Steve Sample, 52, sat shirtless in a room at the Express Inn across from Fountain Creek, sharing a cigarette with a friend.
“It is kind of nice to sit not all bundled up,” Sample said, the heater blasting next to him.
He and about 14 others will not sit all bundled up this week, thanks to a woman who went to the motel, at 725 W. Cimarron St., Tuesday and paid for four rooms, insisting they be occupied by homeless men and women camping along Fountain Creek.
It was a $640 donation that for a handful of the hundreds of homeless campers in the city meant a break from the cold and snow for Christmas.
“This lady did a wonderful thing,” said Sample, who suffers from chronic back pain exacerbated by the cold. “I was so damn thankful it is not even funny.”
The woman told the staff at C-C Boarding Home Annex, a nonprofit that sublets rooms from the motel for disabled veterans and people on social security, that her name was Linda Craft and that God told her to pay for the rooms.
No one by that name could be reached for comment Wednesday.
Magi Spence welcomed the weeklong shelter as an aid in finally kicking the pneumonia she’s been battling for weeks.
"For us this is a great happiness. But on the street remains a lot more homeless people", - complains Magi Spence.The newspaper notes that recently the number of homeless people, who settled in the open air near the river Fountain Creek, has increased markedly, despite the prohibitions of local authorities and attempts to change the situation.
“This was a blessing for us, but there are so many camps over here,” Spence said.
Indeed, the dozens of camps along Fountain Creek appear to multiply by the day and are visible from Interstate 25, the exercise path along the Pikes Peak Greenway and America the Beautiful Park. It is a dramatic shift from this time last year, when homeless were effectively driven from such camps by city-sponsored cleanup efforts.
The cleanups, led by the nonprofit Keep Colorado Springs Beautiful, were suspended and are now supervised by homeless advocates.
In recent weeks, area residents have flooded the camps with donations of food, clothing and blankets, all while city officials grapple with how to handle the growing homeless community.
On Dec. 7, the Colorado Springs City Council voted to shelve a proposed no-camping law that could have displaced scores of homeless people living along creeks, parks and other public property. The issue is expected to be picked up in February.
This week isn’t the first time the Express Inn has been used as a shelter. At the first freeze this year, Nam Tiggemann and her son Barry Tiggemann, part owners of the home annex, invited campers to get in out of the cold.
A Christmas dinner for the homeless will be held at the motel today, followed by a meal at the motel Friday put on by Woodmen Valley Chapel.
“Everyone is going to be eating well this Christmas,” said Brian Puerta, resident services coordinator with C-C Boarding Home Annex.
UPDATE:27 Dec 2009
Prince William Sleeps On Street
A cold alley in central London is a far cry from a palace - but it was the spot Prince William chose to sleep to highlight the plight of homeless British teenagers.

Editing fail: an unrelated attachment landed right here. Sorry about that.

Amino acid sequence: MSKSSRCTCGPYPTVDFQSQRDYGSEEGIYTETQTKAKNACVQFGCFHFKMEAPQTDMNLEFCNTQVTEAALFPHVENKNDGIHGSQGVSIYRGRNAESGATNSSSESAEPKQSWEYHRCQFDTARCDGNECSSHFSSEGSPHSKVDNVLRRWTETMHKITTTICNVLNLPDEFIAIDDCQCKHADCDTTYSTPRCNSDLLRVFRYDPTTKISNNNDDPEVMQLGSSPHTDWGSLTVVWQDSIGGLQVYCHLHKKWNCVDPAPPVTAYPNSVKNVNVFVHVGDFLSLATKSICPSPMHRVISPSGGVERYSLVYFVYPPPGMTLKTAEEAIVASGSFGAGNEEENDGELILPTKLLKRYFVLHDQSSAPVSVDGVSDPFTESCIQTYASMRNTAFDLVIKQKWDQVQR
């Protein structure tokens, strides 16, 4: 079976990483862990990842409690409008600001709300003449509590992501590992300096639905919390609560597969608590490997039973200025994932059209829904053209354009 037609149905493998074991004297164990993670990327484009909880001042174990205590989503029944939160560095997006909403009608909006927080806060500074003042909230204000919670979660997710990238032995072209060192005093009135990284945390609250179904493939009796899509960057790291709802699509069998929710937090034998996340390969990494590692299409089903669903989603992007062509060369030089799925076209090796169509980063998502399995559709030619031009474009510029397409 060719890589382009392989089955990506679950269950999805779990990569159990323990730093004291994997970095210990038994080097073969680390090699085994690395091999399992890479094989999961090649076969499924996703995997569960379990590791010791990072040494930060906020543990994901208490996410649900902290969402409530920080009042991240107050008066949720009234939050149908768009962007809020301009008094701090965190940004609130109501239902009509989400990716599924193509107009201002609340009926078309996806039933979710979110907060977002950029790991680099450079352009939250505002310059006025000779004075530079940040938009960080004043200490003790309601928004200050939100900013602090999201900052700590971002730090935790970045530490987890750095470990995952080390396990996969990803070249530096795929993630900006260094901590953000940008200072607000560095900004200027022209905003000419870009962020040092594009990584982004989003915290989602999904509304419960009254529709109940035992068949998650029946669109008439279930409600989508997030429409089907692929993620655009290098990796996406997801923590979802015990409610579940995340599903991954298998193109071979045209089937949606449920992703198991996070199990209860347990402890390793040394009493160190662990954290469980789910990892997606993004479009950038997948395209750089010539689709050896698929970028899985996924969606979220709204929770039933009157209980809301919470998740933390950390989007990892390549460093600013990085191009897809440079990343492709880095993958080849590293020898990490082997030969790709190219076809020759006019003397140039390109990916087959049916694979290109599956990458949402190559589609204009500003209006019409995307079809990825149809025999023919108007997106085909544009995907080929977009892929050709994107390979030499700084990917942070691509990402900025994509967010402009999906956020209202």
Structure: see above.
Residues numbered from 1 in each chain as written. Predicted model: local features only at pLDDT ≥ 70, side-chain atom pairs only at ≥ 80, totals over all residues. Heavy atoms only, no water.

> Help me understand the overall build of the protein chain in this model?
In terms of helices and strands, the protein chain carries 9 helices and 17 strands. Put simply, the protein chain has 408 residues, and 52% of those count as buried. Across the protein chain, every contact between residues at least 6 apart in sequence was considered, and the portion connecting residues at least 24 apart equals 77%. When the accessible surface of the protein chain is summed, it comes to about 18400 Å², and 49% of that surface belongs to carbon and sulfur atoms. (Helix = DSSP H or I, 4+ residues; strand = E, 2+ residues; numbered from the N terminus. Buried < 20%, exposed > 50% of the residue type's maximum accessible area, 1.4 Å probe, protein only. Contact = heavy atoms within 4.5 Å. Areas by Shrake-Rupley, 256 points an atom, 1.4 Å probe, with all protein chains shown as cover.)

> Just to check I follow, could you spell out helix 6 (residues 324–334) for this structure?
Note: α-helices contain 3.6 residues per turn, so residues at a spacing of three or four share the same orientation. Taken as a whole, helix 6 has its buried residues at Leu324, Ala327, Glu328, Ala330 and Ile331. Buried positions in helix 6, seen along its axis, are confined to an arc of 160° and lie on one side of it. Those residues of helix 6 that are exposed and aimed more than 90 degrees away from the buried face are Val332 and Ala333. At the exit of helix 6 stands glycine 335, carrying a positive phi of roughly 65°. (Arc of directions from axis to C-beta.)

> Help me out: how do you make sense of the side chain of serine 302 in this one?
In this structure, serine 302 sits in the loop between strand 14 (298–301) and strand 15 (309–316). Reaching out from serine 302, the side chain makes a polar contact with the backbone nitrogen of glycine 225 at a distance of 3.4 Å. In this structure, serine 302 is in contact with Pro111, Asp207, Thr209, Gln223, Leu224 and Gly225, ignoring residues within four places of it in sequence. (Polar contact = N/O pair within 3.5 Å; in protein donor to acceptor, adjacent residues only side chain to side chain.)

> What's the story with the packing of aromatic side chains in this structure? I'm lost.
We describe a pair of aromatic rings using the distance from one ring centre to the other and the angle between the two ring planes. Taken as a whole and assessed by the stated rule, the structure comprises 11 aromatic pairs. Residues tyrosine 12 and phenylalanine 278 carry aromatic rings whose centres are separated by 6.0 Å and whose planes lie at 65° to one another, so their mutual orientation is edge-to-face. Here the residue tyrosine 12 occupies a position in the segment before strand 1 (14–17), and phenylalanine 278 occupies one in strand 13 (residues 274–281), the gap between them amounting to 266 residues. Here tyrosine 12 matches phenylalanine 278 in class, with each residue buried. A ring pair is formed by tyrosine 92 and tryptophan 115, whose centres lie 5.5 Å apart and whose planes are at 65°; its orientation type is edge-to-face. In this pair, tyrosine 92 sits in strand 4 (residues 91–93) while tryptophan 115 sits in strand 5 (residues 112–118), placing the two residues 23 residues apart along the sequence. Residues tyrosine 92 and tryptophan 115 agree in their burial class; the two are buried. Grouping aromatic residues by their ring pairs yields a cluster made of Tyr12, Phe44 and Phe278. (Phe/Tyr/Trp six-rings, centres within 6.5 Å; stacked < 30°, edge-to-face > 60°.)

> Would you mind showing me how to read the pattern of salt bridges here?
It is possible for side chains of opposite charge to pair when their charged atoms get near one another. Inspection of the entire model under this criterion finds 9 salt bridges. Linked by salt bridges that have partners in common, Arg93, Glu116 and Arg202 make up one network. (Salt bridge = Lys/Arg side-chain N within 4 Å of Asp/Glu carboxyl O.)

He spent a chilly night near Blackfriars Bridge last week with Seyi Obakin, the chief executive of British homeless charity Centrepoint. William has been the charity's patron since 2005.
"I cannot, after one night, even begin to imagine what it must be like to sleep rough on London's streets night after night," William said overnight. "Poverty, mental illness, drug and alcohol dependency and family breakdown cause people to become and then stay homeless.
"I hope that by deepening my understanding of the issue, I can help do my bit to help the most vulnerable on our streets."
William, second in line to the throne, was exposed to some of the hardships found on London's streets when his mother, Princess Diana, took him to a shelter in 1996.
Just 13 at the time, William spent an hour at the facility with his younger brother, Harry.
Diana was well-known for her charitable work and the homeless was a group she was particularly close to. She had also served as Centrepoint's patron, a position she held at the time of her death in 1997.
A photograph released by the charity shows William, 27, in the alley in jeans, a grey hooded jumper and a knit hat pulled low.
In a post to the charity's website, Obakin said the idea for William to spend a night on the streets was hatched in March.
"He was determined, as he has always been, to understand deeply the full range of problems a homeless young person might face," Obakin said.
"For me, it was a scary experience. Out of my comfortable bed. Out there in the elements. Out there on an extremely cold night, with temperatures down to minus four degrees. And it was the same for Prince William. But he was determined to do it."
Obakin said they found a secluded spot - tucked away behind some rubbish bins - and settled in for a restless night.
"But there was no shielding from the bitter cold, or the hard concrete floor, or the fear of being accosted by drug dealers, pimps or those out to give homeless people a 'good' kicking," Obakin said.
William is currently training to be a Royal Air Force search-and-rescue pilot.